Power Factbox: Utilities' power restoration progresses after Harvey

Houston (Platts)--5 Sep 2017 526 pm EDT/2126 GMT

As state and federal leaders stepped up to help Gulf Coast recover from Hurricane Harvey, which some have dubbed the most costly natural disaster in US history, the area's utilities made progress Tuesday in restoring electricity service for customers.

Related content:

Texas Governor Greg Abbott on Monday expanded the number of counties in the Hurricane Harvey disaster area to 43 and had a request for federal Community Disaster Loan assistance approved.

Abbott called the loan assistance, approved by the US Federal Emergency Management Agency, "critical to providing cities with the resources and flexibility to recover while still providing important services to the Texans in their communities."

As of about 3 pm CDT (2000 GMT) Tuesday, the National Weather Service's Advanced Hydrologic Prediction Service estimated it had 22 gauges at various stages of flood levels across southeast Texas and the western half of Louisiana.

Earlier Tuesday, the Harris County Flood Control District, which serves Houston and its suburbs in Harris County, estimated that for a substantial period of the storm's deluge of the area, about 1,300 square miles of the county's 1,800 square miles was covered by up to 18 inches of water.

Article continues below...

Request a free trial of: Megawatt DailyMegawatt Daily
Megawatt Daily

Platts Megawatt Daily provides you with timely and relevant North American electric power information. This market report is a valuable asset for any player in electric power and will provide clarity in this dynamic market. Platts Megawatt Daily is the only publication that delivers fundamental data, thorough news and analysis and Platts benchmark prices to participants in the North American electric power markets. Try Platts Megawatt Daily and see how it can help you meet your business needs.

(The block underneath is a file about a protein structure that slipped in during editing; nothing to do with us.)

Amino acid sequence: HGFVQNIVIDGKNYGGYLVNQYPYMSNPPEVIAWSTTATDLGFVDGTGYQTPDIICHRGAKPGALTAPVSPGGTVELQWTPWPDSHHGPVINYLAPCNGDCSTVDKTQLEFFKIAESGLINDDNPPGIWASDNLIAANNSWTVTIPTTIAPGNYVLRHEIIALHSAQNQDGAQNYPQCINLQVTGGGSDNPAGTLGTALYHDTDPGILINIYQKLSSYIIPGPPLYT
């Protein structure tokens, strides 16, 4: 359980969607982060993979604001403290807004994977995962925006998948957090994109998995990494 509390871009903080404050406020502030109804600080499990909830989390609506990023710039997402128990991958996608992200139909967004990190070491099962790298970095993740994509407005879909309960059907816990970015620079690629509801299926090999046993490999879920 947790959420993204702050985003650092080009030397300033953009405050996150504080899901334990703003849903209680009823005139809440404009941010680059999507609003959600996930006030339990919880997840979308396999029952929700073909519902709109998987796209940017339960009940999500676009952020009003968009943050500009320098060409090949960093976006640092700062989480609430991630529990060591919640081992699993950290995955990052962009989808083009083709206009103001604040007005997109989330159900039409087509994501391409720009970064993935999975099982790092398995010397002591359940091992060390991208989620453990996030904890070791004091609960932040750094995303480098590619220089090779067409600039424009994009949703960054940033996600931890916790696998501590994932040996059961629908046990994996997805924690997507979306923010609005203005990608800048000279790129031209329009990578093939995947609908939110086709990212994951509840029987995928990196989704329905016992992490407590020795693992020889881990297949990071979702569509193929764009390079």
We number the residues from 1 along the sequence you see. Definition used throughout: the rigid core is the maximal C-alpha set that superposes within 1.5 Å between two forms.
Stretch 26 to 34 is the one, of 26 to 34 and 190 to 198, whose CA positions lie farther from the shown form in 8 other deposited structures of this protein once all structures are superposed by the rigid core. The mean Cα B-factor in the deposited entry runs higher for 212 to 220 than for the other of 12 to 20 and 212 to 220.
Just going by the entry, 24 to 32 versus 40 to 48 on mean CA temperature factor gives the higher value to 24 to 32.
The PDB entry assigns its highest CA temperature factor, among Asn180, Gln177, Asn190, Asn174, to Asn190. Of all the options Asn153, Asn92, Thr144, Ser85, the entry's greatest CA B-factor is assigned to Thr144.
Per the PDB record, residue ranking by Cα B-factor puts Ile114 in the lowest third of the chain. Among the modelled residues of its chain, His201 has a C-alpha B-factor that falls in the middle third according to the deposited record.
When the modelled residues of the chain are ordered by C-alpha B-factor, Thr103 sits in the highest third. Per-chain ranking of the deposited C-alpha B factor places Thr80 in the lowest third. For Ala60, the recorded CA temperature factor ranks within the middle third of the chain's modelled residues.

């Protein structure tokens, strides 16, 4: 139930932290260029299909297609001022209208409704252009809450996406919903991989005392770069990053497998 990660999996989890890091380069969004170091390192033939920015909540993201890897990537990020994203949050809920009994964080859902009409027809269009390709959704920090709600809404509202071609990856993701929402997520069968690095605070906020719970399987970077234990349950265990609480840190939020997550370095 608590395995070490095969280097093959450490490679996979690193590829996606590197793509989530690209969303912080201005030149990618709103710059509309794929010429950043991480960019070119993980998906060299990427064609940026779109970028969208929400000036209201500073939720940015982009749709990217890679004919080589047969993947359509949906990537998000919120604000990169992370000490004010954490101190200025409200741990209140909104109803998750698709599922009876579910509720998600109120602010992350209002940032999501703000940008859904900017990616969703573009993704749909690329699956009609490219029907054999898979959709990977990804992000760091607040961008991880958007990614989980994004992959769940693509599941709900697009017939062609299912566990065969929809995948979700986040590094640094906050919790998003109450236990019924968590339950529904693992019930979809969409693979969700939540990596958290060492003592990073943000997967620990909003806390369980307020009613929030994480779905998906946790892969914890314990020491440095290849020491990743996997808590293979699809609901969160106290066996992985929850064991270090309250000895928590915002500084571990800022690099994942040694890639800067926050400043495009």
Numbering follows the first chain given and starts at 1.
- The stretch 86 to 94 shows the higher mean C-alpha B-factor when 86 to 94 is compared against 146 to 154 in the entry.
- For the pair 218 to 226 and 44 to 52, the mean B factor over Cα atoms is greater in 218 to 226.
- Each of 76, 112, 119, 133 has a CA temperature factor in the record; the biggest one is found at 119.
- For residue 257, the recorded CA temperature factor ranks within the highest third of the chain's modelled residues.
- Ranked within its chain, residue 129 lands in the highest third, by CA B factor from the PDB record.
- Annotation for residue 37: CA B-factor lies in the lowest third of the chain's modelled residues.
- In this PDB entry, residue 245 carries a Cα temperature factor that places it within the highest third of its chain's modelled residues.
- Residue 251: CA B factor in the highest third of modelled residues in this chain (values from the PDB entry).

Request a free trialMore Information

The HCFCD also provided a "conservative estimate" of 136,000 of the county's physical structures -- houses and buildings -- were flooded, equal to about 10% of the county's total.

At around 3 pm CDT, Texas utilities in areas hit by the hurricane reported they still had about 53,000 customers without service, down from about 54,000 as of 10 am CDT.


Entergy Texas' utility service area had the second-largest number of customers without power as of 3 pm CDT at about 14,000, compared with about 15,500 as of 10 am CDT.

Harvey cut off service to about 192,000 Entergy Texas customers at some point during and after the storm, the company said.

Earlier Tuesday, Entergy Texas said several mobile substations had arrived in areas where five damaged substations cannot be restored to service quickly enough. Two are in Beaumont, Texas, and one each is being located in Vidor, Rose City and an unincorporated area of Hardin County, Texas.

"Special reconfigurations to properly connect the mobile substations to the electrical grid are ongoing," Entergy Texas said. "While customers will see their power restored, temporary disruptions in electrical service are possible during continued restoration activities over the next few weeks."


As of about 3 pm CDT Tuesday, Texas utilities' outage maps showed about 53,000 customers without power, including the following:
  • AEP Texas (Corpus Christi, Texas area) - 33,439
  • Entergy Texas (East Texas) - 14,048
  • Centerpoint Energy (Houston-Galveston) - 4,976
  • Texas-New Mexico Power (suburban Houston area) - 221

At 3 pm CDT Tuesday, Electric Reliability Council of Texas data showed load in the storm-affected areas down about 5.5%, compared with demand at the same time on September 6, 2016.

The largest difference was in ERCOT's Coastal weather region -- around Houston and Galveston -- which was down 1,525 MW, or about 8.5%, from the same period a year ago.

The next largest difference was in its Southern region, which includes the Corpus Christi, Texas, area first hit by Harvey on August 25, which was down 540 MW, or about 10.6% from the same period on September 6, 2016.

In contrast, the South Central region, which includes Austin and San Antonio, Texas, showed an increase of 239 MW, or about 2.4%, compared with the same period a year ago.

--Mark Watson,

--Edited by Keiron Greenhalgh,

Related News & Analysis

Video archives Commodities Spotlight podcast archive The Barrel blog News features

Related Products & Events

Megawatt Daily

Copyright © 2018 S&P Global Platts, a division of S&P Global. All rights reserved.